It is snowing as I write this and with the snow comes an eerie silence. The mistletoe embodies this mysterious quality. Throughout history mistletoe has been associated with magical powers and it is hardly surprising. As I observe the unearthly, opaque, white berries they seem to draw me into them like a crystal ball. Mistletoe commands respect and, perhaps, a little apprehension.
At home in the trees
Mistletoe seemingly has no roots. The clumps grow high up in the branches of the trees, forming perfectly round orbs of foliage. In the winter these evergreen spheres become visible when the host tree has lost its leaves. Once again there is a sense of the hidden and the secretive for they have been there all along and yet out of sight. The mistletoe makes its lofty home thanks to birds dropping and passing the seeds. These seeds lodge into the creviced bark, force their roots into the tree and draw on the sap for nourishment. Mistletoe particularly favours apple and oak trees.
Mistletoe and Oak
The Druids, as worshipers of the oak tree, were particularly enamoured of the mistletoe when it grew on oak branches. They believed it held the soul of the host tree and possessed magical properties. It would be gathered on the sixth night of the moon but if the mistletoe touched the ground it would lose its magic. In those days the ancient Celts called mistletoe ‘All Heal’ and when it grew on the oak it was said to heal disease, hold evil spirits at bay and bring blessings. One of these blessings was fertility, so perhaps this is the root cause of the mistletoe’s use as a kissing bough.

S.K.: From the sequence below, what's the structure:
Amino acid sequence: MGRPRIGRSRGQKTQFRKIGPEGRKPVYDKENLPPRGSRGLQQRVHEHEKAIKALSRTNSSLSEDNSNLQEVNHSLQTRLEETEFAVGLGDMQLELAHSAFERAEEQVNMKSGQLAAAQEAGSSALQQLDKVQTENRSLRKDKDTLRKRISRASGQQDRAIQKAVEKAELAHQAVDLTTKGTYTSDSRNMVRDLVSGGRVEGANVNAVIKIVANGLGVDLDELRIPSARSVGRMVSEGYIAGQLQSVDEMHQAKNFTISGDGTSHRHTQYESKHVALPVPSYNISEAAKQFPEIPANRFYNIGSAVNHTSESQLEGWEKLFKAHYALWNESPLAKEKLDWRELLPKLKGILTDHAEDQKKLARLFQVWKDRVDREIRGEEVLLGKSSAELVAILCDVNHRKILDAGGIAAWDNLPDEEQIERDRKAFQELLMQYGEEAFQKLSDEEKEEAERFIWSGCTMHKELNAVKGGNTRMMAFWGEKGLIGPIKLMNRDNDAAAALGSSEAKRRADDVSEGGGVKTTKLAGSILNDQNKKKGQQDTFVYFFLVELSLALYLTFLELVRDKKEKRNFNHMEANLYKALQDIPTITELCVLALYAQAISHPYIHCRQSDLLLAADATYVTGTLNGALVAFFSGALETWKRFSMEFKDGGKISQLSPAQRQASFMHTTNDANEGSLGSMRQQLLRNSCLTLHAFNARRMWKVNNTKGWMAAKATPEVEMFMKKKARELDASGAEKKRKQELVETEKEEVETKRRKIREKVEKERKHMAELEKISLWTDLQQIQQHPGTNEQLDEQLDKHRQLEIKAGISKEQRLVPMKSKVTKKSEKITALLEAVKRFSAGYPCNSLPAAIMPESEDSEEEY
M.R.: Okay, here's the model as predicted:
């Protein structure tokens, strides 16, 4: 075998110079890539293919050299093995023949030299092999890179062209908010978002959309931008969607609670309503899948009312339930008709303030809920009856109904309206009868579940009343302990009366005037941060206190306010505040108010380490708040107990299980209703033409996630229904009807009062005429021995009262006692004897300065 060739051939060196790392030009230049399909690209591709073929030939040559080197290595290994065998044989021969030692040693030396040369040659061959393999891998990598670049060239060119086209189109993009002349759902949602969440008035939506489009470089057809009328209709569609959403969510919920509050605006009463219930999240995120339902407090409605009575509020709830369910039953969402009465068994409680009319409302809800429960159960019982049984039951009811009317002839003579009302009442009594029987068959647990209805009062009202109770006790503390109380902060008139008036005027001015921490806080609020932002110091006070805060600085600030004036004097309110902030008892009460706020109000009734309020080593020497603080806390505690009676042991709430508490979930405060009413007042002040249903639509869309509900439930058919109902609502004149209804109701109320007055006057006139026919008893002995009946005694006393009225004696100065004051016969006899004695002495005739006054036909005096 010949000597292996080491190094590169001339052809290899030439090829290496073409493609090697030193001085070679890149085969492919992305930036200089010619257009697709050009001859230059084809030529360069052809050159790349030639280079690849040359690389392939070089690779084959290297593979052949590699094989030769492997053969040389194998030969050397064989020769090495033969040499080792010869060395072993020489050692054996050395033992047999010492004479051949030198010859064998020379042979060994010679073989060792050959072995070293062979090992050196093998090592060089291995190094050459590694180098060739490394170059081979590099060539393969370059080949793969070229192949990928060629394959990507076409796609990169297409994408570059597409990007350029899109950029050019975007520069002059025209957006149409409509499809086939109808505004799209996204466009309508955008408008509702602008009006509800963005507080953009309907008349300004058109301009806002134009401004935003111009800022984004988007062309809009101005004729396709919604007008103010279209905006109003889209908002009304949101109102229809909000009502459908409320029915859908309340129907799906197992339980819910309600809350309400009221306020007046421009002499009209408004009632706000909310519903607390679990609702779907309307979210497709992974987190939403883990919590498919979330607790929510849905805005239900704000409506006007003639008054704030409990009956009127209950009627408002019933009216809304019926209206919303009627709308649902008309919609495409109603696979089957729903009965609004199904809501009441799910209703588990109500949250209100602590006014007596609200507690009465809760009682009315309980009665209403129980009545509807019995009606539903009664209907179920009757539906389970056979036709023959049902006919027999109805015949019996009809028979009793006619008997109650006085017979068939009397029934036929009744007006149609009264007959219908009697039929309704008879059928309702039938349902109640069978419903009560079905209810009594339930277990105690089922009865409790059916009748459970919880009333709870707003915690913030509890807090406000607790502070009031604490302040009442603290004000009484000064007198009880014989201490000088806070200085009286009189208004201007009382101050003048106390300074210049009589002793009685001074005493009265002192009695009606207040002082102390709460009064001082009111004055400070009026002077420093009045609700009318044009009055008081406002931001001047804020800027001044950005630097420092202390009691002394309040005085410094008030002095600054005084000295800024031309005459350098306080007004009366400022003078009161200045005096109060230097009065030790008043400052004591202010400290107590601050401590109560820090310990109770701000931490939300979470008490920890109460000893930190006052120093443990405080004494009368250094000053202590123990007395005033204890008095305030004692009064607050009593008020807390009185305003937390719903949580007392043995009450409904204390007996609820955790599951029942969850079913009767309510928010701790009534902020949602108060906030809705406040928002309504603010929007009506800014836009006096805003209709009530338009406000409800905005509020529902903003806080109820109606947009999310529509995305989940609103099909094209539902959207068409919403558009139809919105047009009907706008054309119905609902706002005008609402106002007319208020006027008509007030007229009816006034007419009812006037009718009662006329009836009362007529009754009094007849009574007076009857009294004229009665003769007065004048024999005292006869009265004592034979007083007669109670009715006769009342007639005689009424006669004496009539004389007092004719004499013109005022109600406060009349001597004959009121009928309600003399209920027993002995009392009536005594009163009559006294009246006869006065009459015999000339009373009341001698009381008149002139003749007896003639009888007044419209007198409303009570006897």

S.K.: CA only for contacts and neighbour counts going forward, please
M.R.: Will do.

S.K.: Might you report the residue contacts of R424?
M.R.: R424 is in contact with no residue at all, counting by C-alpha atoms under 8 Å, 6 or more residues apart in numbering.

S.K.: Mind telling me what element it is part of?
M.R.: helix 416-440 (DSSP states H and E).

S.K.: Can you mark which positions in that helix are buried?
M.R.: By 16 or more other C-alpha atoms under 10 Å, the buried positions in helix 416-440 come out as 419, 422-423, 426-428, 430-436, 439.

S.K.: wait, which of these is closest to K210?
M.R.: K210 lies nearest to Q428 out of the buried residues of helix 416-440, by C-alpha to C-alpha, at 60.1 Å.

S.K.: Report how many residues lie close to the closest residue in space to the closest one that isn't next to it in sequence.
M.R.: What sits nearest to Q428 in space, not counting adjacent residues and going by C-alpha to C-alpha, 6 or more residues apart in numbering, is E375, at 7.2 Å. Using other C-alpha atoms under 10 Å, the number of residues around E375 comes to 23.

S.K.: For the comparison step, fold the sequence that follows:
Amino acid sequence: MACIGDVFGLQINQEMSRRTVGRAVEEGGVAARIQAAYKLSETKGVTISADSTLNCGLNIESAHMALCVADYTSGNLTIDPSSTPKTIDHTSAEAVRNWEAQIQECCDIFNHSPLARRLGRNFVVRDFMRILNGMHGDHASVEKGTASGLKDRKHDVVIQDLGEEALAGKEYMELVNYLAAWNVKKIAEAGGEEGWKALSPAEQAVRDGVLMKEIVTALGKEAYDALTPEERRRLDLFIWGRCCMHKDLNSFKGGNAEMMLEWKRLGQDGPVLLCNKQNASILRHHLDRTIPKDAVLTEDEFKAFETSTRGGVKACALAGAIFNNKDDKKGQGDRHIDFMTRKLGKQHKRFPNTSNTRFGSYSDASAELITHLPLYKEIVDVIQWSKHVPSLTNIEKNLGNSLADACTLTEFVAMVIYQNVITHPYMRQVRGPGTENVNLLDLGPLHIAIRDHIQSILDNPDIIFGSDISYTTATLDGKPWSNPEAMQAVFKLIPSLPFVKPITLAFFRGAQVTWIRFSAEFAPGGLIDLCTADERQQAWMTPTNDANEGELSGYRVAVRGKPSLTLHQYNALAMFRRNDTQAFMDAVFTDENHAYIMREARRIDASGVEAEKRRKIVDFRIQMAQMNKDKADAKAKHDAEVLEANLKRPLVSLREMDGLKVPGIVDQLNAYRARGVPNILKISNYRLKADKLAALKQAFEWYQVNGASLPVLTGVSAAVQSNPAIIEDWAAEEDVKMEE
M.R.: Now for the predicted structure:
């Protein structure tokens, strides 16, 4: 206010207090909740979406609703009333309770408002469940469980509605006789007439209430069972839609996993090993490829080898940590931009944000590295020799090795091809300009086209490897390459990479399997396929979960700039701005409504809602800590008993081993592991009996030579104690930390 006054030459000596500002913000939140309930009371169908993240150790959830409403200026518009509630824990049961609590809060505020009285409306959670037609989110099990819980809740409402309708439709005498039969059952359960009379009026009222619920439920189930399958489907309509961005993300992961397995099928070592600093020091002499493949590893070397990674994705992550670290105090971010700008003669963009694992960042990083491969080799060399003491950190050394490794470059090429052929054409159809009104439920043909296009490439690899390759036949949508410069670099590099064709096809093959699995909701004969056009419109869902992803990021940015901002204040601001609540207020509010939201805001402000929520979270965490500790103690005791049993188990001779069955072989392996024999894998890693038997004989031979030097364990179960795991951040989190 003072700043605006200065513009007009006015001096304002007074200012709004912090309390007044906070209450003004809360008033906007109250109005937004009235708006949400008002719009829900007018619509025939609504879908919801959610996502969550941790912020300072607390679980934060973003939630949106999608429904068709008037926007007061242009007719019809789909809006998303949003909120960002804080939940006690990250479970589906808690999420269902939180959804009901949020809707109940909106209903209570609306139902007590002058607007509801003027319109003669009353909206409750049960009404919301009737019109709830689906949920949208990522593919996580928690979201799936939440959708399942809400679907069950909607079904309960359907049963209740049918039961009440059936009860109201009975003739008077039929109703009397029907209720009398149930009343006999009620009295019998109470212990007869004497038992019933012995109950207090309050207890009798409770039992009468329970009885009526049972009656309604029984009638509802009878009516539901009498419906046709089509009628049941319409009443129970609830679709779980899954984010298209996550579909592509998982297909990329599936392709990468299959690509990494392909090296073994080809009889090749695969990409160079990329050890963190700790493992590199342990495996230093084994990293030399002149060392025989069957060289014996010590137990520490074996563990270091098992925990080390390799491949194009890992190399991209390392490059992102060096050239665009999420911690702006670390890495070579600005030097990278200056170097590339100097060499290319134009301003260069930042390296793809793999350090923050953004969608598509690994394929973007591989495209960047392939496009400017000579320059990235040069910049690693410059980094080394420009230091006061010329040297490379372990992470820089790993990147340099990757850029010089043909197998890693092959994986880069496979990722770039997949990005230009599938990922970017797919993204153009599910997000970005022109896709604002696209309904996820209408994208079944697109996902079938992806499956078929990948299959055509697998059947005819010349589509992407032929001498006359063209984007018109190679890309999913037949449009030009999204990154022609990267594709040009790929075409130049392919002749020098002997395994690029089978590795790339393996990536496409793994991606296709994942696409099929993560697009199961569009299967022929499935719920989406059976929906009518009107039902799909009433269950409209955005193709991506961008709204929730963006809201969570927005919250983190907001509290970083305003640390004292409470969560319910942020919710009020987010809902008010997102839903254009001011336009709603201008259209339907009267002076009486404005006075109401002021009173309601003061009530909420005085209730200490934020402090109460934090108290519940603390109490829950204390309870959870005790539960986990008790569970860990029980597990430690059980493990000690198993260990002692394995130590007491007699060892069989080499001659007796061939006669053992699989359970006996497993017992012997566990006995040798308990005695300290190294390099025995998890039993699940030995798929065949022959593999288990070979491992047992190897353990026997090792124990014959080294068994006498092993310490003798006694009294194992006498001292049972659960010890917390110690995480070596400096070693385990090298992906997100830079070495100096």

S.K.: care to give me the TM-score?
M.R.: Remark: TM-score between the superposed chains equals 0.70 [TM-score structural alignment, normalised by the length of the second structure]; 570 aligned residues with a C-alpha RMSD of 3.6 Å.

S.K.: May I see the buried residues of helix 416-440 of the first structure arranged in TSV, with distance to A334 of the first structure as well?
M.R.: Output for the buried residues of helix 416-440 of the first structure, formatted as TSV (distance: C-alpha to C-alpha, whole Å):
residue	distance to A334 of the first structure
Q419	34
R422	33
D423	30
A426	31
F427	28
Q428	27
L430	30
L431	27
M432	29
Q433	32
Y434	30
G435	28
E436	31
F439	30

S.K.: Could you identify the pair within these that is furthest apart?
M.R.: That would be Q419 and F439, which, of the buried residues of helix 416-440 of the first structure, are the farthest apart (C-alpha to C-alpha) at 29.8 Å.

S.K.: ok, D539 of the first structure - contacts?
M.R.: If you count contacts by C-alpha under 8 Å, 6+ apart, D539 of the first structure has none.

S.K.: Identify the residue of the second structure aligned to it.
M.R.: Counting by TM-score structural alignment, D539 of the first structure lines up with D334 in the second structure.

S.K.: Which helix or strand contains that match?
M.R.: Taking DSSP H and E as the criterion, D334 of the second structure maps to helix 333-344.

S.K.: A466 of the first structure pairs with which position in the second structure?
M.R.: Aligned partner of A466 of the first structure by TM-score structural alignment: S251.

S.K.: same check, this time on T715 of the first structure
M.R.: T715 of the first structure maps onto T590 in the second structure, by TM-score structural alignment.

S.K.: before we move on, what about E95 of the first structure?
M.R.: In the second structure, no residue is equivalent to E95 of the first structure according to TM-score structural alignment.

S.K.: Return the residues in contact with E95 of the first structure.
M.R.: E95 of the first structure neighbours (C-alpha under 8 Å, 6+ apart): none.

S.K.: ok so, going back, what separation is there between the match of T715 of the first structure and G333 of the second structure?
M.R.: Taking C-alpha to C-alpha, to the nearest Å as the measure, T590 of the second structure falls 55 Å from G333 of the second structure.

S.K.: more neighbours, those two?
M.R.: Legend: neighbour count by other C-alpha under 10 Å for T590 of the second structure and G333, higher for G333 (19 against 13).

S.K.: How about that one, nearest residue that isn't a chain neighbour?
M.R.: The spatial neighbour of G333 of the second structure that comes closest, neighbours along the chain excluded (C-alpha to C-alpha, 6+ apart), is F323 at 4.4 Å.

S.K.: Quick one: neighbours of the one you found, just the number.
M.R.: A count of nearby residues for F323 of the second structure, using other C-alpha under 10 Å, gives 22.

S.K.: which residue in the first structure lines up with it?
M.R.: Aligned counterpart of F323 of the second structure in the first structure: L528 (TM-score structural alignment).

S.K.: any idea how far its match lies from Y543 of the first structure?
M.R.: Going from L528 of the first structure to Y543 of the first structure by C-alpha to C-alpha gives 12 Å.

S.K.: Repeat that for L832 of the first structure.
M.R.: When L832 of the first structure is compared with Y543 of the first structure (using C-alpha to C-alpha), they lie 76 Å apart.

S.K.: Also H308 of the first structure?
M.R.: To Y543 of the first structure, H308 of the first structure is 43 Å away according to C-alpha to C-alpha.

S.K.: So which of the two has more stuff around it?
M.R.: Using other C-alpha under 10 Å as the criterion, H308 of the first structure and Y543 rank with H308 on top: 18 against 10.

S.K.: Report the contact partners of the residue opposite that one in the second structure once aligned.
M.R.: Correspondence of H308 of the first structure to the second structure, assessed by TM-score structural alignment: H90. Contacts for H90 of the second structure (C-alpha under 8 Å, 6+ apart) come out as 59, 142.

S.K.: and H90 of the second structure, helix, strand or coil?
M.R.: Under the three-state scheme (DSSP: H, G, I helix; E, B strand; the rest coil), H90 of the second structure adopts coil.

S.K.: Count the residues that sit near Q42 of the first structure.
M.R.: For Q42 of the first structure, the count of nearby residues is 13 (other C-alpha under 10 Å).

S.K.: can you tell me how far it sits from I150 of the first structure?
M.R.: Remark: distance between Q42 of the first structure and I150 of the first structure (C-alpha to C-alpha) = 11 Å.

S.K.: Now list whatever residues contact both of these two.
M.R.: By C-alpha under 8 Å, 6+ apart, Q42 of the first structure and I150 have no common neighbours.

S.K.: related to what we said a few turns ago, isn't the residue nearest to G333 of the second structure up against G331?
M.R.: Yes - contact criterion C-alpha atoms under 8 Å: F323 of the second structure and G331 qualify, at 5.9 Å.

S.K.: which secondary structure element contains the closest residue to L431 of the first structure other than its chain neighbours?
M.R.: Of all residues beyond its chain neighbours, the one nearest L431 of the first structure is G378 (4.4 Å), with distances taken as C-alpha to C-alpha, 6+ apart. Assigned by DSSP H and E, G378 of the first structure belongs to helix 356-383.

Kissing under the Mistletoe
It is likely that the tradition of kissing under the mistletoe was a legacy of those ancient superstitions. The long-held links to mystery and magic have often been forgotten but part of our traditional Christmas now is to have a kiss under the mistletoe. Mistletoe took on its merrier meaning with the Victorians. They changed how we decorated and celebrated for Christmas with the introduction of the Christmas tree. The tree, the evergreen foliage and wreaths were all enjoyed much more inside the home. Mistletoe is still usually tied up high, often with red ribbon, sometimes as part of a wreath or within a ‘kissing ball’. It was said that there could be a kiss for every berry and so that is the reason people particularly like the boughs bearing most berries. And what better magic can there be than love?
The Flower Writer